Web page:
The folks at Keep California's Promise have written an important Working Paper on fixing public funding for California higher ed. Its results are shocking -- and pleasantly so, for a change.

The authors, Stanton Glantz of UCSF and Eric Hays, CUCFA Director of Research, take 2000-01 as a baseline, and quantify subsequent fee increases and state funding cuts for all three segments - the Community College system, the California State University system, and the University of California. (Disclosure: Glantz and I were two of the authors of the Futures Report, and have worked together on various Academic Senate projects involving university budgets and funding.)

Glantz and Hays then calculate how much it would cost in taxpayer funds to return all three segments to 2000-2001 levels of (inflation-adjusted) educational resources. They also calculate the fee levels required to recover 2000-01 funding levels. This is important because higher ed officials haven't actually raised fees enough to avoid cuts to operations, so they have been raising fees and cutting education at the same time.

There are a couple of interesting twists.  Glantz and Hays return to a 2000-01 pathway that includes fee rollbacks to their earlier levels.  This is a kind of worst case for taxpayers - who then don't get to have high student fees subsidizing their lower public investment - and a best case for students and their families.

The real breakthrough here is that Glantz and Hays move the budget discussion beyond aggregate amounts by calculating the cost to the median individual California taxpayer of an advance toward a near- Master Plan level of affordability.   The results are amazing.  To have 2000-01 levels of investment in students, with reduced 2000-01 level fees (increased for inflation) would cost the median taxpayer . ..  thirty-two dollars ($32).  That's about the same as a holiday bottle of single-malt scotch.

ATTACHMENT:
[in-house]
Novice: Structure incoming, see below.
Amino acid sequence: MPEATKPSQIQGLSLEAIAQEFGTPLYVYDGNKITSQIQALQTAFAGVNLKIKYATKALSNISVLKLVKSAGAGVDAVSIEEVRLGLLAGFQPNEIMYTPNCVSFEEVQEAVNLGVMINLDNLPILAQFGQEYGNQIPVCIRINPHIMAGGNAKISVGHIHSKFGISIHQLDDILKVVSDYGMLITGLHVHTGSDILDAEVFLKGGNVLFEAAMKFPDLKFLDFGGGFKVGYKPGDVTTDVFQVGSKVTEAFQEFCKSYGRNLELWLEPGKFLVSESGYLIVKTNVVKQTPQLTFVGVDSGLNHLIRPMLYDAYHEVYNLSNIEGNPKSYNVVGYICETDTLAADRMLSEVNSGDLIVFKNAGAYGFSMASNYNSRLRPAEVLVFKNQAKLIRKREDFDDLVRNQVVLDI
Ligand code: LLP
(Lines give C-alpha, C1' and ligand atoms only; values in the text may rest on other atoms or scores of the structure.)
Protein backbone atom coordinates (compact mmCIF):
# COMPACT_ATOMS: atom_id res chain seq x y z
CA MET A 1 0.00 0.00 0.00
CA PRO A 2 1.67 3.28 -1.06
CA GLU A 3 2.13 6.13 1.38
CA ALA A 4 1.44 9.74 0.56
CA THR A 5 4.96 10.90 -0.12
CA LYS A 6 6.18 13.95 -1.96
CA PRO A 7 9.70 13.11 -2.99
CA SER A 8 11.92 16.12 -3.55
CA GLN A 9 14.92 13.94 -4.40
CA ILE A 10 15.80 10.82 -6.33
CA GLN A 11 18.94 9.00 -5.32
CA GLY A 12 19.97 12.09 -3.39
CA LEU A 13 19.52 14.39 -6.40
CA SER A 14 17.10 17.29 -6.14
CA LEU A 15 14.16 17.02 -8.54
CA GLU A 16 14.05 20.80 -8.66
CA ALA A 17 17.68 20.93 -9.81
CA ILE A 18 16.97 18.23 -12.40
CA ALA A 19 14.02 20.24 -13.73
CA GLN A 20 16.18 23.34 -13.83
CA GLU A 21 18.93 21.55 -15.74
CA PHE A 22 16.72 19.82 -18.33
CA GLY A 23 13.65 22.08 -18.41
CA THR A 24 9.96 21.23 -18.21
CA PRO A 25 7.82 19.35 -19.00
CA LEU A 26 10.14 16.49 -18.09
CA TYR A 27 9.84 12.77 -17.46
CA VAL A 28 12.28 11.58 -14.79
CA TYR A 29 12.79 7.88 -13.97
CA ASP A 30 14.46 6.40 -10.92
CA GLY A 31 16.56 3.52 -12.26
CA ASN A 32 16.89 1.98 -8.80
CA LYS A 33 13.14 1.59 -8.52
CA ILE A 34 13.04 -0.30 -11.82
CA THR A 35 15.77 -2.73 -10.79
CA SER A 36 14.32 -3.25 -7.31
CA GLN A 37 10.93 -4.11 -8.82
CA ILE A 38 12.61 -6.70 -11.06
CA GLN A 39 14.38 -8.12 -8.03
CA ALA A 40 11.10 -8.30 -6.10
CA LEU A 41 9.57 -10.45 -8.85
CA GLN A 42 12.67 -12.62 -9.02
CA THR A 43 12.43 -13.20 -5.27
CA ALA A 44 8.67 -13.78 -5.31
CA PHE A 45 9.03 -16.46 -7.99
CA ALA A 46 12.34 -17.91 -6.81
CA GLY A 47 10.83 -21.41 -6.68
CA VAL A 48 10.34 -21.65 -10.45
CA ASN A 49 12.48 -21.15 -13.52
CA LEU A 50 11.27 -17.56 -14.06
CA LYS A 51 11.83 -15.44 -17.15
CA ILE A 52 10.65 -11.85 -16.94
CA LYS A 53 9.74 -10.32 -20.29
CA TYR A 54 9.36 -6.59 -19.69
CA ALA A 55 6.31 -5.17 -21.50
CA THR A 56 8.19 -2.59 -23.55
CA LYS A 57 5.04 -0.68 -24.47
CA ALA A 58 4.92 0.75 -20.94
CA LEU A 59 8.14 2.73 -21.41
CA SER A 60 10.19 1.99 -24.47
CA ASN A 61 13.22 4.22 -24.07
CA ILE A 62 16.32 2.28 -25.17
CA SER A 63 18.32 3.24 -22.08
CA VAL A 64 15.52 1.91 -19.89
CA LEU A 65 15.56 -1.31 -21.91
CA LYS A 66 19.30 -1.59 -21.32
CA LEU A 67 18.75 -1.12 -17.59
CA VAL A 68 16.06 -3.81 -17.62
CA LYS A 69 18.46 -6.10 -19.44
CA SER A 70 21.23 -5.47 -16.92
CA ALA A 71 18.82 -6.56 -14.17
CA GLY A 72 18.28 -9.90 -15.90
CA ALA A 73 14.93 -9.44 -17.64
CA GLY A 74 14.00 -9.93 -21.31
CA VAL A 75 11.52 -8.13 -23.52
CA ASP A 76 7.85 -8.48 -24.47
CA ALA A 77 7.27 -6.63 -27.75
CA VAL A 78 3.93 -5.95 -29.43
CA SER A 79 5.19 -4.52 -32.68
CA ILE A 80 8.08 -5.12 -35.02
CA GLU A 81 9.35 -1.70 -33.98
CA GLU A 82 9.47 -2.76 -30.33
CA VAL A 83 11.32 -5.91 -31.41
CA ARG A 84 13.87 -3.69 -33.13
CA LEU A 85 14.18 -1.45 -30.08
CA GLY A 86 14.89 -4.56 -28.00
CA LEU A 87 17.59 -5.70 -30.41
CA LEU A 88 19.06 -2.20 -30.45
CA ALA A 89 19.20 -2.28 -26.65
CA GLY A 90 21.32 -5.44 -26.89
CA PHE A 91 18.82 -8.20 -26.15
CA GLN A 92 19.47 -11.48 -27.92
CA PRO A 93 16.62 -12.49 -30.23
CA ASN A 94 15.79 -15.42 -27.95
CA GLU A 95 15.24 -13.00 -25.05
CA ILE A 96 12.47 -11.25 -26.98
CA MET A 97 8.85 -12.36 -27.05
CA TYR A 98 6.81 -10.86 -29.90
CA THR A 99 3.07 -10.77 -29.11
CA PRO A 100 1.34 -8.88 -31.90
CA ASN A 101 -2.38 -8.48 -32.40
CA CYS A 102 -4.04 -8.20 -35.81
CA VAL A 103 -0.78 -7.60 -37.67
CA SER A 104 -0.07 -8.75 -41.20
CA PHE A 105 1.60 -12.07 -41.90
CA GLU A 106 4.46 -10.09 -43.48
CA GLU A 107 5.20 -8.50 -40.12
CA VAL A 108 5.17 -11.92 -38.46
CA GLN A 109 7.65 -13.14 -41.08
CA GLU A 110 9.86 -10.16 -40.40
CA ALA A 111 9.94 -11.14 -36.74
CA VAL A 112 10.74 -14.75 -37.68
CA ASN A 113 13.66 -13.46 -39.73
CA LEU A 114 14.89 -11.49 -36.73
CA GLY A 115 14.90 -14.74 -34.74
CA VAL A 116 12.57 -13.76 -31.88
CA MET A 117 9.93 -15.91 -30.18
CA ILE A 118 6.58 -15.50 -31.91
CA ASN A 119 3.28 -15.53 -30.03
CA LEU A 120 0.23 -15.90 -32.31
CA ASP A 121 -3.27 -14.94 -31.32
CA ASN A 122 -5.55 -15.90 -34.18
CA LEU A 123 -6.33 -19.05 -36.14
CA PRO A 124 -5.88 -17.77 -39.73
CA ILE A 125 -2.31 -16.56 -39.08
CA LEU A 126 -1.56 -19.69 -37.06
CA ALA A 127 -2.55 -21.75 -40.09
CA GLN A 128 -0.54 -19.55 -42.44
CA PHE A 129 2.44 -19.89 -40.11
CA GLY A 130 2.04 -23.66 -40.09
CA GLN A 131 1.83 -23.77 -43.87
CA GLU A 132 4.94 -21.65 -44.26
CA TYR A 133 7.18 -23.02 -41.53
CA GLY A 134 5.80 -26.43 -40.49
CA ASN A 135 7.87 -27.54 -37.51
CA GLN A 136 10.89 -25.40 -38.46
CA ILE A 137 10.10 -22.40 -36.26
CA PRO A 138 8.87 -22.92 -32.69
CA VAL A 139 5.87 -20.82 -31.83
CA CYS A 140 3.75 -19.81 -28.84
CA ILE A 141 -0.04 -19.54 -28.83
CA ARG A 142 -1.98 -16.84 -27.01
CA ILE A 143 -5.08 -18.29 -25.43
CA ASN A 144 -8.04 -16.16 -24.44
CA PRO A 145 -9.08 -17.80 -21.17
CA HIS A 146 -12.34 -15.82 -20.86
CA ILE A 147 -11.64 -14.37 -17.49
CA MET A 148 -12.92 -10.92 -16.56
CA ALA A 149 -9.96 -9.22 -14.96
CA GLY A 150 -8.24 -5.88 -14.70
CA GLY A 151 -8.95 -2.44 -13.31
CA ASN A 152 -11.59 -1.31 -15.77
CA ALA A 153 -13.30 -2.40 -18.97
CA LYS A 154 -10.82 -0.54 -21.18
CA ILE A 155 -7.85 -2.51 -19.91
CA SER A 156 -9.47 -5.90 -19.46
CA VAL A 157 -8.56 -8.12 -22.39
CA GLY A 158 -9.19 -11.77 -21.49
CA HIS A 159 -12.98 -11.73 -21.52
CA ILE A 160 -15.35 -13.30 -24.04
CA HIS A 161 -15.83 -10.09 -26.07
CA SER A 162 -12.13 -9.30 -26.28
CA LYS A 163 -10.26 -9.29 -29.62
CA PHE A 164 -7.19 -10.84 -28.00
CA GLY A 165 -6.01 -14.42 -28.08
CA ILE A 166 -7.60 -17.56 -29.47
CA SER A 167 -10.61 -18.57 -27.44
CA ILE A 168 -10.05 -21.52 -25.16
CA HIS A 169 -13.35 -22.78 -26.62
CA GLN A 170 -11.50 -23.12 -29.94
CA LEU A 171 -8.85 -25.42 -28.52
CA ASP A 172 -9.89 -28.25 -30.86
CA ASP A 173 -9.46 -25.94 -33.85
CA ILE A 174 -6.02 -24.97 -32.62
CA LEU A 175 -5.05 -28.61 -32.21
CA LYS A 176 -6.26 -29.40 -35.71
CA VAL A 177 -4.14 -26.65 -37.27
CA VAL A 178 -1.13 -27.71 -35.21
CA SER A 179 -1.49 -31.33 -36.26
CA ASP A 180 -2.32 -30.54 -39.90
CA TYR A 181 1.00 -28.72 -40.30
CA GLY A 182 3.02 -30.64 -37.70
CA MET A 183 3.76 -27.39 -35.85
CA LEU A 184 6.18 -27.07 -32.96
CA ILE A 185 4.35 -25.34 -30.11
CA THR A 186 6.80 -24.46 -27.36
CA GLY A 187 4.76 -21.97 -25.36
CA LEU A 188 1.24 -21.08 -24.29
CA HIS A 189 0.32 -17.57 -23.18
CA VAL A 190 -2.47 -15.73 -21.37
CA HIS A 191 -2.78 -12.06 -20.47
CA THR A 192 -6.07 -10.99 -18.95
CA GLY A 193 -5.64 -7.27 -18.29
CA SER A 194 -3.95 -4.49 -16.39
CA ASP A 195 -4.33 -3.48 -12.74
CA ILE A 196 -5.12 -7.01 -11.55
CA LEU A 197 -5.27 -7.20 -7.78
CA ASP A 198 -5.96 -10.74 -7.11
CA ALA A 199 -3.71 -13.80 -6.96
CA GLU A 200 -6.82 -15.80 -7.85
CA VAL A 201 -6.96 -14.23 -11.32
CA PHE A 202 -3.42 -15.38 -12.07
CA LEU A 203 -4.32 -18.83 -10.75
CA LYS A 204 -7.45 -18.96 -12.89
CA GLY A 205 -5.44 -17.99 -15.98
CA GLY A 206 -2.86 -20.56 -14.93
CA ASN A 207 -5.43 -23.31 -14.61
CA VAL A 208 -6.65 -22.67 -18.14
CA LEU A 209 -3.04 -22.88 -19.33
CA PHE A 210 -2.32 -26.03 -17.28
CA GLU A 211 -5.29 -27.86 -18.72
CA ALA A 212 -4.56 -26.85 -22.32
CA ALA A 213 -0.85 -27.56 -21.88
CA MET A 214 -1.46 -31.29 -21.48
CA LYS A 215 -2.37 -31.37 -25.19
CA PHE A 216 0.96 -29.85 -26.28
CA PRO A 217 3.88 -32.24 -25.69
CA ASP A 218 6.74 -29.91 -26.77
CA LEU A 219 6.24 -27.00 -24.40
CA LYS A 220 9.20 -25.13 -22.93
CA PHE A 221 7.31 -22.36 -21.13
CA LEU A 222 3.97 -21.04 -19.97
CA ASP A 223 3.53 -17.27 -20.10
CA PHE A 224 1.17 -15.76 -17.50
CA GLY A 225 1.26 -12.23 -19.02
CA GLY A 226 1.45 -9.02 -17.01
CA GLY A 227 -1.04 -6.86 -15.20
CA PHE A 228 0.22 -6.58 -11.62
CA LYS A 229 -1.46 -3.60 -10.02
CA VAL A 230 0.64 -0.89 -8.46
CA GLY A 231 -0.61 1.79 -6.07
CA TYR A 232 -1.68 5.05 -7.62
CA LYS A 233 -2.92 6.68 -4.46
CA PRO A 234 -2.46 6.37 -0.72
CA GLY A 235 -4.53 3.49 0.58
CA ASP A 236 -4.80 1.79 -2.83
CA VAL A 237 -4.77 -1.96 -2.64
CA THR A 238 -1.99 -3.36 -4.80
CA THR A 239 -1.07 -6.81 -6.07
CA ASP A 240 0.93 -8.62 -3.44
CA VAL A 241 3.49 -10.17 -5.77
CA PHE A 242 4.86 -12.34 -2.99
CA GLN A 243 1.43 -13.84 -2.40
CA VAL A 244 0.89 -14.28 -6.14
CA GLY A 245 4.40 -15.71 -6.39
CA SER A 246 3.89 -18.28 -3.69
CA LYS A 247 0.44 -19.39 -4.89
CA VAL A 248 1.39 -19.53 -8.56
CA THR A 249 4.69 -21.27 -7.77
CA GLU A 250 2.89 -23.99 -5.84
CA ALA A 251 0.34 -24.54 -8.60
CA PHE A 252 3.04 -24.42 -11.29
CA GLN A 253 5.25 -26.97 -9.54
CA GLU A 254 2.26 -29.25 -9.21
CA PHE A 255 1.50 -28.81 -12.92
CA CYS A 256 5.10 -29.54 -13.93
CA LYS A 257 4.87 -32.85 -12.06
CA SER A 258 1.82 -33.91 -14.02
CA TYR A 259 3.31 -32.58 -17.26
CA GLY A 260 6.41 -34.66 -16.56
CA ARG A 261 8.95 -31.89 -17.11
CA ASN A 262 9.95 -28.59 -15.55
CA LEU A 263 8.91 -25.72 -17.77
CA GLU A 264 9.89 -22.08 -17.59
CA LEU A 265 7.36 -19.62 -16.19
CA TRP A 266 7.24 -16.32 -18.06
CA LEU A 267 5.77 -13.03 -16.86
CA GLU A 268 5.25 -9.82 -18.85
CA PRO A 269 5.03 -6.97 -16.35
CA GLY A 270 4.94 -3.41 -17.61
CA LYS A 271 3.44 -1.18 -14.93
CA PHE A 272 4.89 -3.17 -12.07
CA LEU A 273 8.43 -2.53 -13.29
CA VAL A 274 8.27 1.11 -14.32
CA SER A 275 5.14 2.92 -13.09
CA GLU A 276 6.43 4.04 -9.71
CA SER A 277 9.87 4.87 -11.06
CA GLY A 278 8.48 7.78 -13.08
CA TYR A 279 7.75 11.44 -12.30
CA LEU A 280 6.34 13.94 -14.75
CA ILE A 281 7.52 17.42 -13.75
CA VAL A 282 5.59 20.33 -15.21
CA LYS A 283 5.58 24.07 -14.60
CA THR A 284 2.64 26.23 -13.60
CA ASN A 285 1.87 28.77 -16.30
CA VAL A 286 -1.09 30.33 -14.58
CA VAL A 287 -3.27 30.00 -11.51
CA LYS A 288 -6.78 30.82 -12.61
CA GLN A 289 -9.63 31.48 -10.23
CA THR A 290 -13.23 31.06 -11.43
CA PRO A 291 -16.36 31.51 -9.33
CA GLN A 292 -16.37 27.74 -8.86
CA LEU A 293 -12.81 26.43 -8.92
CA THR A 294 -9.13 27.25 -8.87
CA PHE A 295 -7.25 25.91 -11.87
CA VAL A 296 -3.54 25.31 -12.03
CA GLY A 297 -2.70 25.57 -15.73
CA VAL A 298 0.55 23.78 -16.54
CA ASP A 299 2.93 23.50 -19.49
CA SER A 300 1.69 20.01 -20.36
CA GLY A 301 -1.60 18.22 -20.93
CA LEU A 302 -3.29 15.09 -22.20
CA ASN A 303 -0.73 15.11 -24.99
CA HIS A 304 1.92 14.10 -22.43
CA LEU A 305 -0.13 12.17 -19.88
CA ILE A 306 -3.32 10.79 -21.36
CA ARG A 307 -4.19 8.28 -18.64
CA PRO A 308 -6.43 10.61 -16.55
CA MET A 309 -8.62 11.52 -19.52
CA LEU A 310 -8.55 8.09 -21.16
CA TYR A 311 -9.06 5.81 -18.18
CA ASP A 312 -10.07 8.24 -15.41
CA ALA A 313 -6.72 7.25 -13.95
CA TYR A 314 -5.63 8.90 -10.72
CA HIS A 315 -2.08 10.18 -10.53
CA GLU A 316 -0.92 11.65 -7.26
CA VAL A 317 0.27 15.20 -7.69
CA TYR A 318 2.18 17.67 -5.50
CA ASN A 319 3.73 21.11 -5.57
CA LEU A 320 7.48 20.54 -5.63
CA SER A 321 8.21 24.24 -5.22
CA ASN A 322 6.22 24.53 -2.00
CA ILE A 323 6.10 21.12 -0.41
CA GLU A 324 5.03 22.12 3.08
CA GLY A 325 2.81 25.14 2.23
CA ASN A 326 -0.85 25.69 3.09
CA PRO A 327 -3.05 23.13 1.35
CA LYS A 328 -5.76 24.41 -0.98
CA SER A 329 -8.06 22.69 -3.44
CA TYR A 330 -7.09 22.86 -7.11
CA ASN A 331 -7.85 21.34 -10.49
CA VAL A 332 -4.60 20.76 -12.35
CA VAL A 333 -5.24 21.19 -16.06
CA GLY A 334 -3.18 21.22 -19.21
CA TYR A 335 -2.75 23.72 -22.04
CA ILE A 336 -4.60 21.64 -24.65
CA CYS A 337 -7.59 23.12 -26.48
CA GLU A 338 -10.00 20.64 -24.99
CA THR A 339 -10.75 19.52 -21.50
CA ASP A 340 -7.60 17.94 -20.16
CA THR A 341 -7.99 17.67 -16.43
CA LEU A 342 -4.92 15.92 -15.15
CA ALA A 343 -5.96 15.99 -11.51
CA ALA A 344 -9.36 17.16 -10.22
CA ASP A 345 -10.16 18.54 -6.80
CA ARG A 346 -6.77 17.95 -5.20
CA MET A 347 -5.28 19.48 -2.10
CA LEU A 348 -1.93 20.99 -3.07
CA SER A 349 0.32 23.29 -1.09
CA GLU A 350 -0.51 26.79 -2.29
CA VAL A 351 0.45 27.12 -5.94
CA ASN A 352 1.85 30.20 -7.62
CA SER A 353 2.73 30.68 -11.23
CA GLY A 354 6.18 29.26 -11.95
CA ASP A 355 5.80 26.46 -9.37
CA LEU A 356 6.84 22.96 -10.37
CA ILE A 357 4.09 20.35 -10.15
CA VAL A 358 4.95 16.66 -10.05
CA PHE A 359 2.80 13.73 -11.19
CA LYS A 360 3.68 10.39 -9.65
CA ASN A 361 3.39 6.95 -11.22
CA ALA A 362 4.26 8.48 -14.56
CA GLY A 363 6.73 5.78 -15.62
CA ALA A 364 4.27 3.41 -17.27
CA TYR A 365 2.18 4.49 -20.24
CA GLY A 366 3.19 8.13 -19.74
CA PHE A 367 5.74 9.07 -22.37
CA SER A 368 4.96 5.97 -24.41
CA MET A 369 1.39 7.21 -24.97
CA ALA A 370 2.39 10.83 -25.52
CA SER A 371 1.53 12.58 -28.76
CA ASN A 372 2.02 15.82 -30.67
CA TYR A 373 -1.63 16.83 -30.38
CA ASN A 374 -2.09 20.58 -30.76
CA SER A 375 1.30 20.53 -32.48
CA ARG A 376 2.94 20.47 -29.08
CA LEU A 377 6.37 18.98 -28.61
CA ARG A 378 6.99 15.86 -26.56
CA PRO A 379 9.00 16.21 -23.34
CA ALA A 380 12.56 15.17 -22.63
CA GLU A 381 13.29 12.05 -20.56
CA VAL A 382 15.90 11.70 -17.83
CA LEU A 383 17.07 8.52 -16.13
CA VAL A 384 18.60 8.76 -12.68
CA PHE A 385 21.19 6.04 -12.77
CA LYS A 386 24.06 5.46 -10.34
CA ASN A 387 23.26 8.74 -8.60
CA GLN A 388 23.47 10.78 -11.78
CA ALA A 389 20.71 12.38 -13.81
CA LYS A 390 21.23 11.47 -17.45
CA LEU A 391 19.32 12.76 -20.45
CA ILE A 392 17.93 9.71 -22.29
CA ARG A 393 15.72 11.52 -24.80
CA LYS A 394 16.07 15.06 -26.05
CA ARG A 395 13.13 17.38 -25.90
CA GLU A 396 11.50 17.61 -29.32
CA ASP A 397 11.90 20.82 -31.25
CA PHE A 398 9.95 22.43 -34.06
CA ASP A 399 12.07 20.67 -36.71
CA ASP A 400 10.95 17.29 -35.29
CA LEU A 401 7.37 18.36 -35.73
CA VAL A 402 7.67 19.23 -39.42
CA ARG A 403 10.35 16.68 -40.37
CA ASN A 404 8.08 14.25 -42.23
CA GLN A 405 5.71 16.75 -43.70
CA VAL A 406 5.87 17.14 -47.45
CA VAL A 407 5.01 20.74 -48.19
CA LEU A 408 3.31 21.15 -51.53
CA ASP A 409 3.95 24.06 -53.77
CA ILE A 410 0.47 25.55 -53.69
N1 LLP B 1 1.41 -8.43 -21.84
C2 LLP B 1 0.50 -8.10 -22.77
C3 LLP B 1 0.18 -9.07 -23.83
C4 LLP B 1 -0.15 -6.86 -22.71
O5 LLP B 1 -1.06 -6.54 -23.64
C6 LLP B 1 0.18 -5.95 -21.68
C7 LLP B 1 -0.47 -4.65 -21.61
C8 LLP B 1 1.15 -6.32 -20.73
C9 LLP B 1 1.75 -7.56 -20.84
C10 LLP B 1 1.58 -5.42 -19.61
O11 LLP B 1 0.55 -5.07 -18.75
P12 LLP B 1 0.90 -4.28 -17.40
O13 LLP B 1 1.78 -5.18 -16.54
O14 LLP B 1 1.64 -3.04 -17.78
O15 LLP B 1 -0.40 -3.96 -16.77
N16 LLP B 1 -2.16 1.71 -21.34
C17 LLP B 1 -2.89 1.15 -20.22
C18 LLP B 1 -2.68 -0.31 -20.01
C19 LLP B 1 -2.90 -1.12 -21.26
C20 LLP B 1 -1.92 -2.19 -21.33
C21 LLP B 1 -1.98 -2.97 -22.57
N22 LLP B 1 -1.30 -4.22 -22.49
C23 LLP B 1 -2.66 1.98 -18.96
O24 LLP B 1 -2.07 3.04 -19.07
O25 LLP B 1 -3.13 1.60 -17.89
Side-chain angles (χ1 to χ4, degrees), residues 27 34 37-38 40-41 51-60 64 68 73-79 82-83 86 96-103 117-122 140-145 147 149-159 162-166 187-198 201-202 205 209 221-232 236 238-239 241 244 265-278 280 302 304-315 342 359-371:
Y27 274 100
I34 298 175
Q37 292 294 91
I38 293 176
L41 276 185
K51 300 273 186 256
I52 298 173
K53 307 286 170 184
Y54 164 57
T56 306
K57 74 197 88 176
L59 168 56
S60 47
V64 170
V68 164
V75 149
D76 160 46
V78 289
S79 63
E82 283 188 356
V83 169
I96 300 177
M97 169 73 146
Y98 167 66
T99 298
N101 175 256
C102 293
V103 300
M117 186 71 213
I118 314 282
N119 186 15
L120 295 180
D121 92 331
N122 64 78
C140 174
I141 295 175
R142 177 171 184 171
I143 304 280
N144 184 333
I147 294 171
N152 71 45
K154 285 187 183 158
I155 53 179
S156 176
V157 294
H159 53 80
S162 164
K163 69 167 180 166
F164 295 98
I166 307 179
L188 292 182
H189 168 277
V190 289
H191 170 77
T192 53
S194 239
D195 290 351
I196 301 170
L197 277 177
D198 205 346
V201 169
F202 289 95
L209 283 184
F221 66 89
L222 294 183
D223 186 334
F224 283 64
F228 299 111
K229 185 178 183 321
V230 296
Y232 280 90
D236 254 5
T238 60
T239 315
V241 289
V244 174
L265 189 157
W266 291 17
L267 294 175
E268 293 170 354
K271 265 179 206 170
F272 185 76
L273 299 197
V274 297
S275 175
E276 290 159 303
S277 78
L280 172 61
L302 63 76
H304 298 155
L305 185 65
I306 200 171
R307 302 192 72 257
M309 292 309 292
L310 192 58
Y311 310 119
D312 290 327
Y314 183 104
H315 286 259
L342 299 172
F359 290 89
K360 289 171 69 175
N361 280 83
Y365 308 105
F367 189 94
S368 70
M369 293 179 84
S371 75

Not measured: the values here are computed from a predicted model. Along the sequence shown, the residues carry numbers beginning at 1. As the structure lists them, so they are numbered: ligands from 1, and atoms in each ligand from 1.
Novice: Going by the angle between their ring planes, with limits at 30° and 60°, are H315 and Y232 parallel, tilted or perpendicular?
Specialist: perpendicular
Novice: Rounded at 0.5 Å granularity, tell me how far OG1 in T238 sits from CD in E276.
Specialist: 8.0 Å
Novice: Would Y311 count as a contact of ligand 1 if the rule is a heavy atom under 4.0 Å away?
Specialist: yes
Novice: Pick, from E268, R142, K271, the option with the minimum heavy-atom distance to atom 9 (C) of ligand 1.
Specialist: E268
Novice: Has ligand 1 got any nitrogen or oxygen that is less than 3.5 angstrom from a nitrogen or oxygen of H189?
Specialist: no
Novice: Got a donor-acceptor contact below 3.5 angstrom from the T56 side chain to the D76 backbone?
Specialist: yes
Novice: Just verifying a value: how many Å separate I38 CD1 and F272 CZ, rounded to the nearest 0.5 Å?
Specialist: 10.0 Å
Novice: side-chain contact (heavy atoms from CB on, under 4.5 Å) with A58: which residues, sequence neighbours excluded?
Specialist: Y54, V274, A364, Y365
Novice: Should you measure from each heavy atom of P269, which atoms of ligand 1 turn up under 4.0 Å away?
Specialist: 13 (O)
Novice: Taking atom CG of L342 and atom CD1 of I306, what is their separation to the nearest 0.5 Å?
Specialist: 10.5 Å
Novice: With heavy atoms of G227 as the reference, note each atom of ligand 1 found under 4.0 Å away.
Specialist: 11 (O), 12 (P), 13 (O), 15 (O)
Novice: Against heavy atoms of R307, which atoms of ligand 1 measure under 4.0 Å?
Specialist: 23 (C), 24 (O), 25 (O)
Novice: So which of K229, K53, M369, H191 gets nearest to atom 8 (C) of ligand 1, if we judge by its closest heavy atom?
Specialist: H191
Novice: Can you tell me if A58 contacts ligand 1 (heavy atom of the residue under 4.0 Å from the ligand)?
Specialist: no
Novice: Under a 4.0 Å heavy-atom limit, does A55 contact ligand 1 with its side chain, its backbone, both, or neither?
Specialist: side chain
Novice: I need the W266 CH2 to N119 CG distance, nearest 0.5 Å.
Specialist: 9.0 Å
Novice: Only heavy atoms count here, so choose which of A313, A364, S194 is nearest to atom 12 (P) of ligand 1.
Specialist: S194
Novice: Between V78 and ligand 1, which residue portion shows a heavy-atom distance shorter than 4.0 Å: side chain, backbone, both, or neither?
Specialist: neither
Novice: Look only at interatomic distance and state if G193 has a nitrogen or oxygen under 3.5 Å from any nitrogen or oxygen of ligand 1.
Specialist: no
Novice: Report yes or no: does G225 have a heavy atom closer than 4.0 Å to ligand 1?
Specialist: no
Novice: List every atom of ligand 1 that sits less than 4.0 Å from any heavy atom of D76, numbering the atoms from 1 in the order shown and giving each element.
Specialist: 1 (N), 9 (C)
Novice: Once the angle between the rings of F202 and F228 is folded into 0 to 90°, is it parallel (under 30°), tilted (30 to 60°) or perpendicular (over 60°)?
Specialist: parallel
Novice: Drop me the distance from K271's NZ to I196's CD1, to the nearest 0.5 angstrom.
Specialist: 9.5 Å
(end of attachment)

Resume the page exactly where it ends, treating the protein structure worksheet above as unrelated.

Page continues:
They also provide an income calculator to identify the cost at different income levels.  At the $70,000 cutoff for UC's Blue and Gold plan, which is close to the median family income in California, the tax outlay would be about $200 a year, or about a third of the mid-year fee increase at UC.

The crucial point here is that the Working Paper adds further evidence that robust public higher education is affordable.  We don't need to shrink it or privatize it or water it down because California has no money. Most Californians have 32 dollars. They also have no way of arguing that they don't individually get 32 dollars of annual value from all three segments of California higher education put together. 

I'm tempted to expound on the miracle of mutualization that spreads risks and costs and makes public funding more efficient than private funding for most kinds of goods.  Similar arguments could be made for other sectors of California's public infrastructure so that taxpayers could see what they get for their money.  I'm also tempted to link this report to the excellent commentaries on the Schwartz Plan, transparency projects, and other ideas for internal university improvement and reform. But I will restrain myself and simply say:
  • please read this report
  • if it seems sound to you, please write the head of your California public university and ask him or her to critique, revise, endorse, adapt, and distribute the Working Paper to the public.
This is a good holiday present - getting statistical proof that public higher ed's decline is fiscally unnecessary, and that its recovery is within our means.

Tuesday, December 15, 2009

Tuesday, December 15, 2009
by Gerald Barnett, University of Washington

Here is my summary of Charles Schwartz's plan. It is worth considering. I apologize if I bungle stuff here. I’m aiming to draw out some of the points in the plan that recommend it to my thinking. I recast the plan’s points under 3 major heads and rearrange the parts somewhat to help me get it clear.